Archive for April, 2012

Last night amid roaring street and freeway traffic, I tried to pry open my truck doors while stuck underneath an off-ramp. I had the key, but I couldn’t get in. Why? Because one door was broken into in Berkeley, and the thief pushed the lock in and then took my used climbing gear. The other door simply couldn’t take the repeated freeze-slush-sun cycle of three Colorado ski seasons. It’s rusted and won’t budge. I don’t lock my doors, so I can get in and out of my truck. But while I was off meeting reps from Orion Magazine in downtown San Francisco, a parking attendant helpfully opened my vehicle, locked it and left, accidentally sealing me out in the cold underneath a freeway.

What to do? Think, but not well. Amid the lights, the cars, the continuous blast to the senses,  there was no spot to rest my eyes or mind. So I called my sister.

A growing body of studies suggests that if you want to problem solve, just take a walk. But the type of environment that you walk in counts. Before certain cognitive tests, they asked participants to solve problems after either walking on a city street or walking in a natural setting, and the nature walkers performed better. Not only that, but walking in nature helps you solve emotional troubles, too. If you’re considering therapy, you might keep your cash and head for the hills. This falls under the category of obvious news. Thoreau, Emerson, St. Francis of Assisi and Tolstoy have long advocated the power of nature to heal humans both mentally and physically. But now, scientists have gotten into the game and documented the results. People think better, feel better and perform better after they’ve spent time in a natural place.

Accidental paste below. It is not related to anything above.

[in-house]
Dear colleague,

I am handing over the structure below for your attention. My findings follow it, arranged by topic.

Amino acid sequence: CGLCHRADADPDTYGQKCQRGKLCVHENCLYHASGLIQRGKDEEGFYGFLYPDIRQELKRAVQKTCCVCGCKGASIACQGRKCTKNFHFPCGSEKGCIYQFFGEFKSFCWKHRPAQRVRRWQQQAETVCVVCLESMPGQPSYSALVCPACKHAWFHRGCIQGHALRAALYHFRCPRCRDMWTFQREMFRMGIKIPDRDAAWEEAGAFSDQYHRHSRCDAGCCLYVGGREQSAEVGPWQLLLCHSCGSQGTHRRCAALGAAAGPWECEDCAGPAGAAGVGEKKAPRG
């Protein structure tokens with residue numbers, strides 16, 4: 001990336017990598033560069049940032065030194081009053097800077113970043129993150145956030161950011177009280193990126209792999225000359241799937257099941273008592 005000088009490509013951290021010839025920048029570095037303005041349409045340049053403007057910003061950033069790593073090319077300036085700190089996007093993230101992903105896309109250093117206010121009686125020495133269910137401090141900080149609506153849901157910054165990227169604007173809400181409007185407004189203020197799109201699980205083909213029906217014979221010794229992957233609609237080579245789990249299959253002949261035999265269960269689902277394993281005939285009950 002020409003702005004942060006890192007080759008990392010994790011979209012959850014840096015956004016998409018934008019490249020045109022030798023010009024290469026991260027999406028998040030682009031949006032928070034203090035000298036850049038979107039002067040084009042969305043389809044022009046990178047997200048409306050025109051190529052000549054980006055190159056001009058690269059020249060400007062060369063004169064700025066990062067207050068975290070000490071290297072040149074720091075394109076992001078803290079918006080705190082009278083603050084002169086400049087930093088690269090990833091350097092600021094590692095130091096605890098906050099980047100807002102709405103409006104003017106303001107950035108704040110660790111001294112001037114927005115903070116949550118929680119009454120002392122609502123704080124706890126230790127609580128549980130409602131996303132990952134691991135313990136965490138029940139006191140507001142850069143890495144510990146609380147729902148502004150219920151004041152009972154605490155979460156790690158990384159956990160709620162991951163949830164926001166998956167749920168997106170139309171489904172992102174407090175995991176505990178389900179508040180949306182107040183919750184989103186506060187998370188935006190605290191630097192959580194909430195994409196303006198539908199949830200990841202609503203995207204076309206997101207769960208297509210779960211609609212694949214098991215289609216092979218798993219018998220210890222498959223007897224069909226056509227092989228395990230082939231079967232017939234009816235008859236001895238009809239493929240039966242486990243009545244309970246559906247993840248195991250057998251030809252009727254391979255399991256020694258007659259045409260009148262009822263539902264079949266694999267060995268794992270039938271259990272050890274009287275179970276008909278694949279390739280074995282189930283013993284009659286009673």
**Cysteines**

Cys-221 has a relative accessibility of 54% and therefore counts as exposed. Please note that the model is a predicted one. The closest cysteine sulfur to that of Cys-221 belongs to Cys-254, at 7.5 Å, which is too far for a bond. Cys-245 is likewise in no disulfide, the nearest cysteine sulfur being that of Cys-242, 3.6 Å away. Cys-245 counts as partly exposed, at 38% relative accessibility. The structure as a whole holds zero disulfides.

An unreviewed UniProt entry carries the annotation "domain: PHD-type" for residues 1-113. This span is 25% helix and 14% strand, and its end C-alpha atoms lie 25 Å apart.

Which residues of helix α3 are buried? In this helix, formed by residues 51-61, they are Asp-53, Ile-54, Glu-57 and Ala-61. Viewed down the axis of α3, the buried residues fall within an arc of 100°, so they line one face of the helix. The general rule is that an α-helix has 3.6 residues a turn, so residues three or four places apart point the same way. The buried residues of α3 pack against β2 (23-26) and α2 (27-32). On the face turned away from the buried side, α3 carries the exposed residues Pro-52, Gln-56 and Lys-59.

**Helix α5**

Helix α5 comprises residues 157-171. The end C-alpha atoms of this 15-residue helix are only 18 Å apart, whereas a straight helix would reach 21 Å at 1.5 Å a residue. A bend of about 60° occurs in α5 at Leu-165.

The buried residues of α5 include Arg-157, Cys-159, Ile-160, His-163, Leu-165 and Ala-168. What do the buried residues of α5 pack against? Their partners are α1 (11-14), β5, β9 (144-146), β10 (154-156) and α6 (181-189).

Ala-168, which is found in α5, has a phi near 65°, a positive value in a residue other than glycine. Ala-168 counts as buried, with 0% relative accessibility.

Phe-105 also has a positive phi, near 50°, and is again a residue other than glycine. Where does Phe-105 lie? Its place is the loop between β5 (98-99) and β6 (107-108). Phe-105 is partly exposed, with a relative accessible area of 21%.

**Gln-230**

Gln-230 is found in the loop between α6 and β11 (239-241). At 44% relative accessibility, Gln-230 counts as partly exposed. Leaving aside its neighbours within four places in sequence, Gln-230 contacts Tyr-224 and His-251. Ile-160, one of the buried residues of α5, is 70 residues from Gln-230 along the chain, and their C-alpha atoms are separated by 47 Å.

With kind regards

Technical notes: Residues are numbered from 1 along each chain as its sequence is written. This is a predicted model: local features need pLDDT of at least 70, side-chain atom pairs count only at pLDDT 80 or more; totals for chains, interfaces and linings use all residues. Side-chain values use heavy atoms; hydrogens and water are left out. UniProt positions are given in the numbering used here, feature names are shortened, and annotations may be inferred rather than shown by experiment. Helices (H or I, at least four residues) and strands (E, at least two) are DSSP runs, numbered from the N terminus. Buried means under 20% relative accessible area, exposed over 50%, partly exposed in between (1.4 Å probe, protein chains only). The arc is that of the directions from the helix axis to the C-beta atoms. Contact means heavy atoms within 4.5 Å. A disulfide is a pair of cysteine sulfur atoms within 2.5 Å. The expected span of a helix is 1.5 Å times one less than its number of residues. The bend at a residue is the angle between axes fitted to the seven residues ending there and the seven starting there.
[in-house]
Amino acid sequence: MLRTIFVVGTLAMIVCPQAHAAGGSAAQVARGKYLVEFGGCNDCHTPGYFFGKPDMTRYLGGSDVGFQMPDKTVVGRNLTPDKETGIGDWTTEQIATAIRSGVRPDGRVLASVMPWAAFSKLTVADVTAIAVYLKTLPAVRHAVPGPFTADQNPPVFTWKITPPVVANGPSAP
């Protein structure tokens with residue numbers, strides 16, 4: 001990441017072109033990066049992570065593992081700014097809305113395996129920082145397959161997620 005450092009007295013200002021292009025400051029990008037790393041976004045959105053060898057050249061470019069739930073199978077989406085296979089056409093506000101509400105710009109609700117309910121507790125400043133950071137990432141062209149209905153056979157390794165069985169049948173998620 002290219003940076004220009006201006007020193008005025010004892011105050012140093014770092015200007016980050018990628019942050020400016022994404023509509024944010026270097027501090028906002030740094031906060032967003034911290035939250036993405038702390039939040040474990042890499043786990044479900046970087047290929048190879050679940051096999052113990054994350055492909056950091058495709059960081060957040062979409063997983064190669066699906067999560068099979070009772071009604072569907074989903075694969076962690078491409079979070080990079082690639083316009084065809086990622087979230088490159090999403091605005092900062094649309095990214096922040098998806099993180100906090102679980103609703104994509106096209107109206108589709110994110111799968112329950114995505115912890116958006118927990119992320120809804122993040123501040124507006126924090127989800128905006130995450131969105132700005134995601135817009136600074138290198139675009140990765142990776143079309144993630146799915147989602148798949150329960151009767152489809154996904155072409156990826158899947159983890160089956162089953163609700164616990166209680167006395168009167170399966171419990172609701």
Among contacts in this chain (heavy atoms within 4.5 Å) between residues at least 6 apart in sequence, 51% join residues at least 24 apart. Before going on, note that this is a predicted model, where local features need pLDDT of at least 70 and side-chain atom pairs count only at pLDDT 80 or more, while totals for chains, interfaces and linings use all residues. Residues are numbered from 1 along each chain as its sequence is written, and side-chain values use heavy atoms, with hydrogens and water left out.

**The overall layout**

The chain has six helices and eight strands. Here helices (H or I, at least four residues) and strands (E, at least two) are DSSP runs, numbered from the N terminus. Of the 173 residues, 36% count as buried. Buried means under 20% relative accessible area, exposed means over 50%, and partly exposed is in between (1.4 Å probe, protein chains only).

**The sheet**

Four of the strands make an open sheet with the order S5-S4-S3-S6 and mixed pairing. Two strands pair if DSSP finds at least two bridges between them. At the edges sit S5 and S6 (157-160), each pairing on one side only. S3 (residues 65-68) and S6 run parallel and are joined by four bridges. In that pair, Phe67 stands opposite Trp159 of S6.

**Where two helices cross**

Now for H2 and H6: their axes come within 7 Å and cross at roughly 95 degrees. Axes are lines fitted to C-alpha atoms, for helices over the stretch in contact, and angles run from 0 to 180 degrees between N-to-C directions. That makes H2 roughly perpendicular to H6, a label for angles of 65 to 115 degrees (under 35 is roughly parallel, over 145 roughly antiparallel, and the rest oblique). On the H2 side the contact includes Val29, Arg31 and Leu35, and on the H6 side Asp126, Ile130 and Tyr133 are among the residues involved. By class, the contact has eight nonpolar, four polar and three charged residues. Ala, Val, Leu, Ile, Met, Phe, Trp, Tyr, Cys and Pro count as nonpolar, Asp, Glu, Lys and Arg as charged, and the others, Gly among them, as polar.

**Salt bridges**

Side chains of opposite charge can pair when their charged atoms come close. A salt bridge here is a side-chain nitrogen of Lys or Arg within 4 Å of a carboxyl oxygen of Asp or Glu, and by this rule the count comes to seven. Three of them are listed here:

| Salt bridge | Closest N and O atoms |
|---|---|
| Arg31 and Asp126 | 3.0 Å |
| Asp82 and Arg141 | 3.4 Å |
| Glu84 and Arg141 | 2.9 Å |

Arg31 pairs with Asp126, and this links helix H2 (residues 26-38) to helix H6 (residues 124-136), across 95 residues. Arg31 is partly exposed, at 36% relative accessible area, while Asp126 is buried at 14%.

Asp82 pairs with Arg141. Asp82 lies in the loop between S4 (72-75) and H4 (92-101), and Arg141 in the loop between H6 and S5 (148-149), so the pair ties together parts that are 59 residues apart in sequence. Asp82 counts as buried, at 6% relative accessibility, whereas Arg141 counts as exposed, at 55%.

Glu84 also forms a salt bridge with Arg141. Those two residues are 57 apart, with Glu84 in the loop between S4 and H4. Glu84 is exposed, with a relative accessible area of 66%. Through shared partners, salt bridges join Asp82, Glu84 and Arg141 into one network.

Under the overpass, I wondered how people make it in San Francisco. I even asked a couple of local writers that night, “How do you manage to get into nature here?” They said, “Oh, there is Golden Gate Park, and there is the ocean.”  I shrugged my shoulders, thinking, it really doesn’t seem very natural.

California Oaks in Spring

And I can appreciate the city life; I lived in Buenos Aires for two months, the third loudest city in the world, because I love Tango, the burgeoning streets and the lively vibe. Still, after three weeks, I found the continual chaos overwhelming. I hopped on a plane for Bariloche, went backpacking in the Patagonian Andes and instantly felt better. Even though spray-painted rocks, plastic bags and coke bottles are the Argentine version of trail markers, I was happy to sleep on the ground and rise with the sun.

I managed to get out of SF last night, but only by mangling my key. Good thing the tow truck arrived late, when I was long gone. According to my hip urbanite friends, I live in the sticks, more appropriately, among the sticks. Maybe so, but I’ll take the distant call of a hawk and the smell of oaks and damp grass, as my daily greeting, in exchange for lack of culture. When I got home, I took the dog out among the crickets and sighing night breeze, and it was a sweet relief.